Saturday, May 19, 2018

Three Films Make A Post: From his French maid, he got Private Lessons. Now his English professor is giving him a REAL education.

Croupier (2008): Despite making the British gangster movie early on in his career with Get Carter, director Mike Hodges’s career has had a strange stop and start structure – with more stops than starts – with a small number of films which tend to range wildly in quality. Croupier is fantastic, though, shot by Hodges in seemingly simple pictures, very much focussed on Clive Owen (in a fantastic performance) as a man who is nearly devoid of all actual humanity and ends up losing the bit of it he has. All the  while, the films is pretending it is a happy (or at least light) end. The film is based on a script by Paul Mayersberg that is a study of absences – the protagonist’s lack of actual human connection, the lack of scruples of the characters he interacts with, and much more philosophical voids that seem to be embodied in the roulette wheel.

Blame! (2017): Going by the productions they buy and co-produce, the Japanese arm of Netflix is on pretty good terms with Tsutomu Nihei, so this neat one-shot anime based on one of Nihei’s early manga doesn’t come as a surprise, exactly. The budget’s probably only on the level of an OVA, but the Nihei-based designs of a weird, techno-biological future city out of control are as wonderful to look at as in Nihei’s manga, and while the plot isn’t exactly deeply memorable (which fits well with the original too), it does bring standard anime and weird far future SF elements together effectively. Certainly well enough to carry ninety minutes of Nihei’s designs, action, and melancholia for a lost future.

The Hidden (1987): This is a veritable classic that crosses SF horror, action movie and cop buddy movie in what I believe to be director Jack Sholder’s finest hour. The script (by Jim Kouf) is deceptively clever in building up the tale of the body hopping sociopathic alien with the loud taste in music, hiding a surprising amount of thought about the nature of civilisation and humanity under a wonderful escalation of violence and craziness, sardonic – violent - humour and an (actually very controlled) anarchic surface.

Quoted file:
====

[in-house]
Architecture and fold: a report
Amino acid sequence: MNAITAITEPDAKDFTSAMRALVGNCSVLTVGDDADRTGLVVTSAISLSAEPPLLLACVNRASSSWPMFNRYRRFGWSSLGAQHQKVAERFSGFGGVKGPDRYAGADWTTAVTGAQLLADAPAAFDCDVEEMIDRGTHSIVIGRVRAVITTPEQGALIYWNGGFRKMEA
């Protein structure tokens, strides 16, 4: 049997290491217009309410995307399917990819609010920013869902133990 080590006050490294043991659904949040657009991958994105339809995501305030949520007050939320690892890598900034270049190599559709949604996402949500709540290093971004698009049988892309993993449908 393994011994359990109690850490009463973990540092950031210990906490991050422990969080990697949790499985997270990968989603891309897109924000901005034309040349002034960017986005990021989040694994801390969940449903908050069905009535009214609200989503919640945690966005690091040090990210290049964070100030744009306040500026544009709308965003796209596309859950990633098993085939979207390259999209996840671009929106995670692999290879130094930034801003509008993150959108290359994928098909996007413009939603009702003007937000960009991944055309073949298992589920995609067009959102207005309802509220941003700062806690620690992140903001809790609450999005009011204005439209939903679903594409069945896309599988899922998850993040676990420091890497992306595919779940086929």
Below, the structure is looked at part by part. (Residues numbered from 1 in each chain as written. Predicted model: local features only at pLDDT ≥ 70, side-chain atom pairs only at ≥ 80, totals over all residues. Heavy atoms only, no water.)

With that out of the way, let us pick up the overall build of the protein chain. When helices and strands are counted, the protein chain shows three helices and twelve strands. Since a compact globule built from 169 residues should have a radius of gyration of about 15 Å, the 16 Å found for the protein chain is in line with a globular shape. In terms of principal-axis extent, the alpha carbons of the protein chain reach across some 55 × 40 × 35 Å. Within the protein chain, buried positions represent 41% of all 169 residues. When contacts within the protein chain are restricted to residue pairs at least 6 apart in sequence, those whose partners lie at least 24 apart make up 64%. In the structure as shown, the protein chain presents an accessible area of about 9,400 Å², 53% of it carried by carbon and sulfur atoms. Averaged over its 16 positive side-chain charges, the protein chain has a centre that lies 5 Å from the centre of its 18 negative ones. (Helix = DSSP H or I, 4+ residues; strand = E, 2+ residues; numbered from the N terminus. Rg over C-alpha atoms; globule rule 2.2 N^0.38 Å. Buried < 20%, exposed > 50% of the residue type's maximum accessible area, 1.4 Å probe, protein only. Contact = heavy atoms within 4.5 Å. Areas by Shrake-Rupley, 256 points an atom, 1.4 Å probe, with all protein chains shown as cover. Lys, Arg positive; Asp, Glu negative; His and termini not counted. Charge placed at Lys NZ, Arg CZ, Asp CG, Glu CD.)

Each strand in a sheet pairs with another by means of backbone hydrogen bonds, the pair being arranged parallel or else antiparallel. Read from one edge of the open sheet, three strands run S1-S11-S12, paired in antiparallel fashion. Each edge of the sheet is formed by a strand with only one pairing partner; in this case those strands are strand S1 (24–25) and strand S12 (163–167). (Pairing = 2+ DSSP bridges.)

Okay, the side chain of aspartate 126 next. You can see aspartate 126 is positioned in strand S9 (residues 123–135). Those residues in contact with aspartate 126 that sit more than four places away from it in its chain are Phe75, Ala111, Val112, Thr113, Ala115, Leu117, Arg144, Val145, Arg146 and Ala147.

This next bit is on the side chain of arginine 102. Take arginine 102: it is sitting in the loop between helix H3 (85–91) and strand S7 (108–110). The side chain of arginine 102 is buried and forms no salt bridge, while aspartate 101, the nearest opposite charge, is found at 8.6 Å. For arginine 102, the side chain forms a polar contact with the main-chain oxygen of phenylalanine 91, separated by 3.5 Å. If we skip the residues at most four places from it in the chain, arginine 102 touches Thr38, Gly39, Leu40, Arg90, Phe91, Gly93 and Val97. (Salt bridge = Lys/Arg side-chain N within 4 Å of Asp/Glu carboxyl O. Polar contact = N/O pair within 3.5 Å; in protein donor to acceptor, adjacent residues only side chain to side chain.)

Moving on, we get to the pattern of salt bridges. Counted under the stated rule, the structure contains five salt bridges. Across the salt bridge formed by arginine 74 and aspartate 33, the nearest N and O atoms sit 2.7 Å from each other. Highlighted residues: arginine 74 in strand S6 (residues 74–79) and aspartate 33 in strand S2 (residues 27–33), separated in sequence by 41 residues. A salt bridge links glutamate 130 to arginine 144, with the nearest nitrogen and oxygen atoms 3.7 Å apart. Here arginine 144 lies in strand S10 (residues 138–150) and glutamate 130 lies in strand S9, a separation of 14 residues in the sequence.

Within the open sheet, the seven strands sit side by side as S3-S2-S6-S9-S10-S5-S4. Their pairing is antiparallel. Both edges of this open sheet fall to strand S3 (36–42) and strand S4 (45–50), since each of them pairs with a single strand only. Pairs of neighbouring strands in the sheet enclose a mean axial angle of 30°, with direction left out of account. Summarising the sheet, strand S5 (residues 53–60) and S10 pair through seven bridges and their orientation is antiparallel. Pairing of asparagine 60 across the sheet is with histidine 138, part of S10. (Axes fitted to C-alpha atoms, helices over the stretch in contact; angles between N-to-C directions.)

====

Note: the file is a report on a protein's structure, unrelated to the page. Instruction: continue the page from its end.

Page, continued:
Sholder always was at least an ultra-competent craftsman, and when a script gave him the opportunity – as this one did – to really dig into crazy action movie stuff, weirdness, and hidden cleverness, things can turn out rather special, with nary a boring or stupid second on screen, particularly not in the moments when the film pretends to be stupid. It’s what the professional blurb writer would call a rollercoaster ride of excitement, and for once, blurbese is just the right language to use.

As a bonus, we get  Michael Nouri, Kyle MacLachlan at the peak of his curious, pretty, alienness (always feeling a bit like a Lynch character, if Lynch was involved in a project or not), and a cast of strong character actors, often playing the alien.

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